As the average entrepreneur to list his or her most important goals and the answer is usually something like this: "Our most important goals? They're all important."

Maybe so, but not where your teams are concerned. Chasing too many goals means no goal is truly important -- which means no team will truly come together in the pursuit of the goals that matter most.

That results in a huge lost opportunity. Think about it: We often feel most fulfilled when we feel like we're a part of something bigger than ourselves. Feeling a special sense of teamwork, of esprit de corps, of purpose? That gives work meaning. That transforms work from a series of tasks into a quest.

Great leaders help give their employees a true sense of purpose by setting the right goals, for both the organization and individual teams. We all enjoy seeing a direct line of sight between our effort and tangible results.

At my company, LogoMix, we consistently set goals and track performance at the team level. Usually those goals focus on revenue, or on reaching objective targets in a functional area like marketing or product development.

For example:

  • For product teams, we set targets for performing new tests or launching new products.
  • For marketing teams, we set targets for testing new campaigns or expanding and improving on existing campaigns.
  • For customer support teams, we set targets for problem resolution, responsiveness, and customer satisfaction.
  • For technical teams, we set targets for feature performance, user experience, quality, delivery.

The goals we set are important for the growth and health of our business, but they also serve to unify teams and bring people together. Goals also help people stay focused on the right tasks. In a startup, where employees typically wear many hats, there are countless things to work on.

It's easy to mistake "urgent" for "important." Emails begging for a response. Messages begging to be returned. Questions begging to be answered. They seem urgent... but what's truly urgent is accomplishing goals that drive a team - and the business - forward.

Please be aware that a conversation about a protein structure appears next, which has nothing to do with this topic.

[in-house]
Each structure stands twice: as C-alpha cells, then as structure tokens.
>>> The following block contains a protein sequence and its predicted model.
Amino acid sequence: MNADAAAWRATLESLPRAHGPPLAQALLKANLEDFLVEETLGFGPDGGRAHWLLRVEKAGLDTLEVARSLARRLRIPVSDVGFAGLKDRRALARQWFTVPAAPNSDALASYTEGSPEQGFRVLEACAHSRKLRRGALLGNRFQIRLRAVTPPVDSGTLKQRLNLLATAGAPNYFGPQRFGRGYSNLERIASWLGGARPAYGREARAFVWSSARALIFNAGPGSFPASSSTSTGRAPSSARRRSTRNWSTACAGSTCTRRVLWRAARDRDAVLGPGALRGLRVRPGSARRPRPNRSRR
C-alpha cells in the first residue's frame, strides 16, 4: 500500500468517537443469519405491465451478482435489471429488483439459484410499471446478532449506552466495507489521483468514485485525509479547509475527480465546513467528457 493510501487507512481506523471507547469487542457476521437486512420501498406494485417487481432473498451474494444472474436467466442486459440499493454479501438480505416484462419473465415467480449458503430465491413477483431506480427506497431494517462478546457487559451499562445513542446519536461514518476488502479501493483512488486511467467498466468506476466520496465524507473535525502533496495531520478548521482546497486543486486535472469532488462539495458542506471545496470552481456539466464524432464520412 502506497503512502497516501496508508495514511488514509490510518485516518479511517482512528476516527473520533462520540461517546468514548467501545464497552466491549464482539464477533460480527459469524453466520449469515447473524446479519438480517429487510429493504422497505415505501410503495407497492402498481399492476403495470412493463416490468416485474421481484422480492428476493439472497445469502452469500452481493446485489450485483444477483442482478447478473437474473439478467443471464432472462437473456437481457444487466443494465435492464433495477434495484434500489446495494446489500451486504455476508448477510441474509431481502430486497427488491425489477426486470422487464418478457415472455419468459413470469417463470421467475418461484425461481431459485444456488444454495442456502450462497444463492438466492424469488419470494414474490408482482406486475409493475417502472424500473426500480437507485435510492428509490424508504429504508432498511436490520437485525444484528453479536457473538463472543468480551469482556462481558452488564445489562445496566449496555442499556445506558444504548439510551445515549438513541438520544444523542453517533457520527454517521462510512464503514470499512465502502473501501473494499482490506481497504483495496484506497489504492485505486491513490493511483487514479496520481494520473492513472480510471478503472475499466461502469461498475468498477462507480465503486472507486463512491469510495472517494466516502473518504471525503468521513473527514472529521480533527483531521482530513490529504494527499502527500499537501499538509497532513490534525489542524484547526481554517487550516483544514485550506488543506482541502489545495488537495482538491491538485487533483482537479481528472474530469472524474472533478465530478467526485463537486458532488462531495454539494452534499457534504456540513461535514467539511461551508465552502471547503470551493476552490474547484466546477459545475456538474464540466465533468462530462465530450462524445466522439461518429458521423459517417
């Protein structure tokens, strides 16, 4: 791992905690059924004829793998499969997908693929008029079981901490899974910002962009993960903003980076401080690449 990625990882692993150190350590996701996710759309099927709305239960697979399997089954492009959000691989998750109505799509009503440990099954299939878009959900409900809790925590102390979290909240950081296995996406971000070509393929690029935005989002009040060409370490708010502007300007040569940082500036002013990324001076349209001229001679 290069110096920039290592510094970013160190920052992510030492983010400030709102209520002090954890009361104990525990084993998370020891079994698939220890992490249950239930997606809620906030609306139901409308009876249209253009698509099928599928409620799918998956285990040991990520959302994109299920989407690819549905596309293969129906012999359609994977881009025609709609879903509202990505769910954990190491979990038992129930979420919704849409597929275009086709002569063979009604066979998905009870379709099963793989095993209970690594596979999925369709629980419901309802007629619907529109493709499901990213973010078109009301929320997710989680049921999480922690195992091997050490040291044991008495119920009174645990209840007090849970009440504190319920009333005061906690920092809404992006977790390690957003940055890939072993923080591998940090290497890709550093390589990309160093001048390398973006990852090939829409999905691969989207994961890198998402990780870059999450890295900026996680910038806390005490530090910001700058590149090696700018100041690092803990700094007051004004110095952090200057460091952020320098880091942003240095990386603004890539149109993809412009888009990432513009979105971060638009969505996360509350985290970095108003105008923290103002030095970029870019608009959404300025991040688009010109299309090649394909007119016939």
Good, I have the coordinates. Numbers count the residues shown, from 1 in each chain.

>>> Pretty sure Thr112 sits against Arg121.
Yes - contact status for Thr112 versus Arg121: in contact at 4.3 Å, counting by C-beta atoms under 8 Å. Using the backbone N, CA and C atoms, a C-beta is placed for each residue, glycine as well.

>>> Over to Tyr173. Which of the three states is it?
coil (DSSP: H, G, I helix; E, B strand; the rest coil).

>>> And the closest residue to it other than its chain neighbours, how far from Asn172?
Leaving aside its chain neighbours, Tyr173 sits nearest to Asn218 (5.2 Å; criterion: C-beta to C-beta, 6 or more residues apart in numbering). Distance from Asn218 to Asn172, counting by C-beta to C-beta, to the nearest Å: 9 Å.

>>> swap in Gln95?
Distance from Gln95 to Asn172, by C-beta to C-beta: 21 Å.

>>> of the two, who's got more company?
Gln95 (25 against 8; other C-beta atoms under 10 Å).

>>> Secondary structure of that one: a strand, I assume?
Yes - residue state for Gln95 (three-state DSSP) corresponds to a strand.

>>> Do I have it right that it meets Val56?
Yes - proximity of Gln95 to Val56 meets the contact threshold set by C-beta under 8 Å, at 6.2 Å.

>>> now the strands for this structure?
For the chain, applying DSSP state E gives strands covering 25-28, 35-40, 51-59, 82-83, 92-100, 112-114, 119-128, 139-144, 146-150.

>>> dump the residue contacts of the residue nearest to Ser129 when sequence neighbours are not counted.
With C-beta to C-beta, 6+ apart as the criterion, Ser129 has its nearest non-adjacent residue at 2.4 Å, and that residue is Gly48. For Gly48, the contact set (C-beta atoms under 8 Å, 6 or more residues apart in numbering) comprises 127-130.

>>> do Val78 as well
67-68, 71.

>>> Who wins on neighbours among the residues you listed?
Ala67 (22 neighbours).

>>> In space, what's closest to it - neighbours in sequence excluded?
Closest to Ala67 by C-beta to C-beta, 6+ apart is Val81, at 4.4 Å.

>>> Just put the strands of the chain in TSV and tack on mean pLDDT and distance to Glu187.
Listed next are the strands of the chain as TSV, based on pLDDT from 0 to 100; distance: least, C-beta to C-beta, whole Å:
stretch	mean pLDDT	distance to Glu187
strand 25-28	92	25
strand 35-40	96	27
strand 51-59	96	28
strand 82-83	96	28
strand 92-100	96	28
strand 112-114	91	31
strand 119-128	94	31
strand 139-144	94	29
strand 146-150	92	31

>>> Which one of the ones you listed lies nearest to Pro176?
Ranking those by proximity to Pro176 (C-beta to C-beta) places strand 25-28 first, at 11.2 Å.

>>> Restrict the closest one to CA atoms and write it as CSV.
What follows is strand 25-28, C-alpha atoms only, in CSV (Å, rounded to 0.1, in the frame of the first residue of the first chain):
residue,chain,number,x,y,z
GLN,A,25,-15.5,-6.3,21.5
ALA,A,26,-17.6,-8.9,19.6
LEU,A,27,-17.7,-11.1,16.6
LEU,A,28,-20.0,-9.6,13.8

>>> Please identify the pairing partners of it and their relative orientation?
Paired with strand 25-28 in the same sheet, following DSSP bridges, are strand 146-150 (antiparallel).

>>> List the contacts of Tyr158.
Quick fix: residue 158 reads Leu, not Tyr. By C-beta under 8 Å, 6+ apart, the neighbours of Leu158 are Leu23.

During an episode of The Tim Ferriss Show about the "choice-minimal" lifestyle, Tim Ferriss interviewed Herb Kelleher, former CEO of Southwest Airlines. Kelleher stated that he constantly asks himself one question when new ideas, new plans, and new issues pop up: "Will this help Southwest Airlines be the low-cost provider?" If the answer is yes, he'll explore it. If the answer is no, no matter how urgent the issue may seem, it's not important.

The right goals don't just make your teams efficient. Anyone can be efficient; all you have to do is knock items off your to-do list.

The right goals make your teams efficient and effective -- they allow you to get the right things done.

And in the process, the right goals create a sense of shared purpose, one that helps your teams stay focused on what truly matters. They help eliminate distractions, eliminate guesswork, eliminate conflicting agendas.

The right goals don't just help ensure the right things get done. They also help build great teams -- teams that can accomplish any number of other goals as your business naturally changes and evolves.

That's reason enough to create team goals.